NORWALK, Conn. — Norwalk Public Schools is getting $1 million to deal with an influx of immigrant students, thanks to a unanimous vote at Tuesday night’s Common Council meeting. An additional $400,000 for an outside agency’s rendering of behavioral health services to the students’ families was also approved by all 13 Council members present.
In requesting the school funding, Norwalk School Superintendent Steven Adamowski outlined various accommodations necessitated by the swelling immigrant enrollment. Noting a 13 percent increase in English Language Learners (ELLs) since last year, compounded by another 50 new registrants currently in process plus 90 more predicted in January, he pointed out that 66 percent of Norwalk Public School (NPS) students are classified as having “high needs,” meaning that they either require special ed, are ELLs, or qualify for free or reduced lunch.
District C Council member John Kydes pondered the impact of ELL-focused programs on non-needy students. “As the father of two kids in the public school system,” he said, “word has gotten back to me that non-ELL students’ education may be suffering because of all this. What is being done to make sure this is not the case?” Adamowski replied, “The best way to help students who are not English Language Learners is to provide support for those who are learning English.”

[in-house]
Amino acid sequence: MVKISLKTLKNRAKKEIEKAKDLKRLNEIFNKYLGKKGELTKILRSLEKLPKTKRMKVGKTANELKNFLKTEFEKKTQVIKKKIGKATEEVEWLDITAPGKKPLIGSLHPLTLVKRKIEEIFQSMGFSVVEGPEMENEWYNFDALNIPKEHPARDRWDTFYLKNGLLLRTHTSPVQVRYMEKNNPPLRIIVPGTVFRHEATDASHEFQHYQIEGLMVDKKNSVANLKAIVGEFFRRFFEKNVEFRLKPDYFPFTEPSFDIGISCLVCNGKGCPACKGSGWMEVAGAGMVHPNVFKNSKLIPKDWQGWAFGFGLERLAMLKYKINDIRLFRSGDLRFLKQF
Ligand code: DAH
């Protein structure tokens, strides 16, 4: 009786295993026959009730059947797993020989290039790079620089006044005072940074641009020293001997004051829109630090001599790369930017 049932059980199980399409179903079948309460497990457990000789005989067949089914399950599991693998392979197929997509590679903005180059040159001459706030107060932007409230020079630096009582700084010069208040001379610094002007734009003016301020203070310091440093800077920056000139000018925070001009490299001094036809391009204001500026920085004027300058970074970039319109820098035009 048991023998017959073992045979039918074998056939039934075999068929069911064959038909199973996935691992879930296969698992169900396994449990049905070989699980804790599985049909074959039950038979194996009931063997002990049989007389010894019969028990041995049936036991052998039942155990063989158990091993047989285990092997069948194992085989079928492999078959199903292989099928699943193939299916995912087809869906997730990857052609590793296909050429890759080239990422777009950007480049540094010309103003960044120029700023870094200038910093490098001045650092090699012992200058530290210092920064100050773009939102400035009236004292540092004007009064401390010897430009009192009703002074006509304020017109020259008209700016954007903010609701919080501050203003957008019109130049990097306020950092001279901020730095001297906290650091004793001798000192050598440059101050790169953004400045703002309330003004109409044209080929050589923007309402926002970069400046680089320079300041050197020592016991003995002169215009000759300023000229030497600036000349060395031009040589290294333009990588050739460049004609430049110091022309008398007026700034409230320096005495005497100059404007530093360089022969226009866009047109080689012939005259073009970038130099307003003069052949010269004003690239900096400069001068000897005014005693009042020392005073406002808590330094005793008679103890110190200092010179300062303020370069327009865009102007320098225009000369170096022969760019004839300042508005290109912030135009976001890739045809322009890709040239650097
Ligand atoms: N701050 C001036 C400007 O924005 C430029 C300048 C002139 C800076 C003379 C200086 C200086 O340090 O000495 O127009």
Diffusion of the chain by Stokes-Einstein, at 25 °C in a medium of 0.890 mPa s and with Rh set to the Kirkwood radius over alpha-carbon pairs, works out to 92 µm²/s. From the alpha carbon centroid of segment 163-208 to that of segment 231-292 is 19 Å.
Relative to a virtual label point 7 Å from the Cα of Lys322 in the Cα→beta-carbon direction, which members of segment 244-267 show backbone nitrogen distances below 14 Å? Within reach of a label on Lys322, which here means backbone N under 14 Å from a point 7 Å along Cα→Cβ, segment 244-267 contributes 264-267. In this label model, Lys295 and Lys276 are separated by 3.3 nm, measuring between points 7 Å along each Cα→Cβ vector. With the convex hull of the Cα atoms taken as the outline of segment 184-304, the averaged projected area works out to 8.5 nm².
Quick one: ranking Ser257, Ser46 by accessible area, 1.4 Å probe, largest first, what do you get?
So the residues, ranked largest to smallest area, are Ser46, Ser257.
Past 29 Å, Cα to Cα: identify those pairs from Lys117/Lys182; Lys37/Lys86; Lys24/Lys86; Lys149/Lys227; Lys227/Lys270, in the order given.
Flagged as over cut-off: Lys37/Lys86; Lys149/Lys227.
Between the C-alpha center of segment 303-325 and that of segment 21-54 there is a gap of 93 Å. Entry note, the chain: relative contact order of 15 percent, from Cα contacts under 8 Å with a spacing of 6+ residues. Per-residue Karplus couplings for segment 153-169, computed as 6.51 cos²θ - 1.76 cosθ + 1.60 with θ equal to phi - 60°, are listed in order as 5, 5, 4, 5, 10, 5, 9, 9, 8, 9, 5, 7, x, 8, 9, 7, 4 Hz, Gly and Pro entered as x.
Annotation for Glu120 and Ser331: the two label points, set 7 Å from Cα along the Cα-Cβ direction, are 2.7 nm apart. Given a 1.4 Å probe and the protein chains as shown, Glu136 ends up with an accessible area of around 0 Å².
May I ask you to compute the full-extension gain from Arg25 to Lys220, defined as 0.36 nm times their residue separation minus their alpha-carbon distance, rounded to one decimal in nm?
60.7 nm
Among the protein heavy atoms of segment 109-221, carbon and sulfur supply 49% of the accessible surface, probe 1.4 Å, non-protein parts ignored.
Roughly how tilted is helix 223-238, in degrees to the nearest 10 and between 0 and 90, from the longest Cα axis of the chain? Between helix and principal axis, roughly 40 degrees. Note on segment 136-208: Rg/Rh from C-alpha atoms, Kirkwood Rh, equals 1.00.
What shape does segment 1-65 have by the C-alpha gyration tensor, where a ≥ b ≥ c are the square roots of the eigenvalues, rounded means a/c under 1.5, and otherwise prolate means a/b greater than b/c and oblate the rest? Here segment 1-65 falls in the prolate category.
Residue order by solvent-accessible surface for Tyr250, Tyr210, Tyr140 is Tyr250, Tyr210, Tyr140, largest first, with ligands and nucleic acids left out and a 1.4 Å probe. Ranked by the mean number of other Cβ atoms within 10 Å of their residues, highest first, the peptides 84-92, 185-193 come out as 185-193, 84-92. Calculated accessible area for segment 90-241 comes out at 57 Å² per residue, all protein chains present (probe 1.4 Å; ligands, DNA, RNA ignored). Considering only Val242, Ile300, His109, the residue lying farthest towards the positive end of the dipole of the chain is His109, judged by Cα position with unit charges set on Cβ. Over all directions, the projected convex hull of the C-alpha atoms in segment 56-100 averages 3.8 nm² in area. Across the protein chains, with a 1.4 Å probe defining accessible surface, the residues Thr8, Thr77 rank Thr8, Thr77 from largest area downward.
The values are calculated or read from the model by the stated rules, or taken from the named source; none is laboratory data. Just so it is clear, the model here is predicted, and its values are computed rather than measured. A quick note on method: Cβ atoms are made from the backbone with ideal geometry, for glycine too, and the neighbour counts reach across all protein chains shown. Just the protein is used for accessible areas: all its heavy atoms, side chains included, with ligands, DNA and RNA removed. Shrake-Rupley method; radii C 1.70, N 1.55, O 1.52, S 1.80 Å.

“Will the one million be enough?” Council member-At-Large Colin Hosten’s asked, prompting Adamowski to reply, “This year is an anomaly. If the increases continue, the answer is ‘no’.”
Addressing future budgets, Mayor Harry Rilling later asserted, “Not only have we reached out to our federal delegation to see if there are Tier I funds available to help with unaccompanied minors coming into our school system, but we’re also reaching out to the governor’s staff to see if there is any possibility that there could be some extra funding available…We are cautiously optimistic that some amount of money can be found.”
When Council member-At-Large Manny Langella asked if other school districts were having similar experiences, Adamowski cited a Norwalk Chamber of Commerce estimate that 80 percent of Connecticut’s immigrants are coming to Fairfield County. As to why Norwalk’s increase this year exceeded that of Stamford and Bridgeport, the Superintendent explained, “Families that are here say that we have the best programs for ELLs.”
Advocating for the appropriation to fund Mid-Fairfield County Child Guidance Center behavioral service, Norwalk’s newly-appointed Chief of Community Services Lamond Daniels articulated immigrant students’ families’ critical need for mental and emotional support, prompting Rilling to note that while NPS has its own social workers, those practitioners can’t engage in home visitations.
Encouraging a “yes” vote, Rilling proclaimed that, “Norwalk has shown the unique ability to prepare…The Strategic Plan is clearly working.”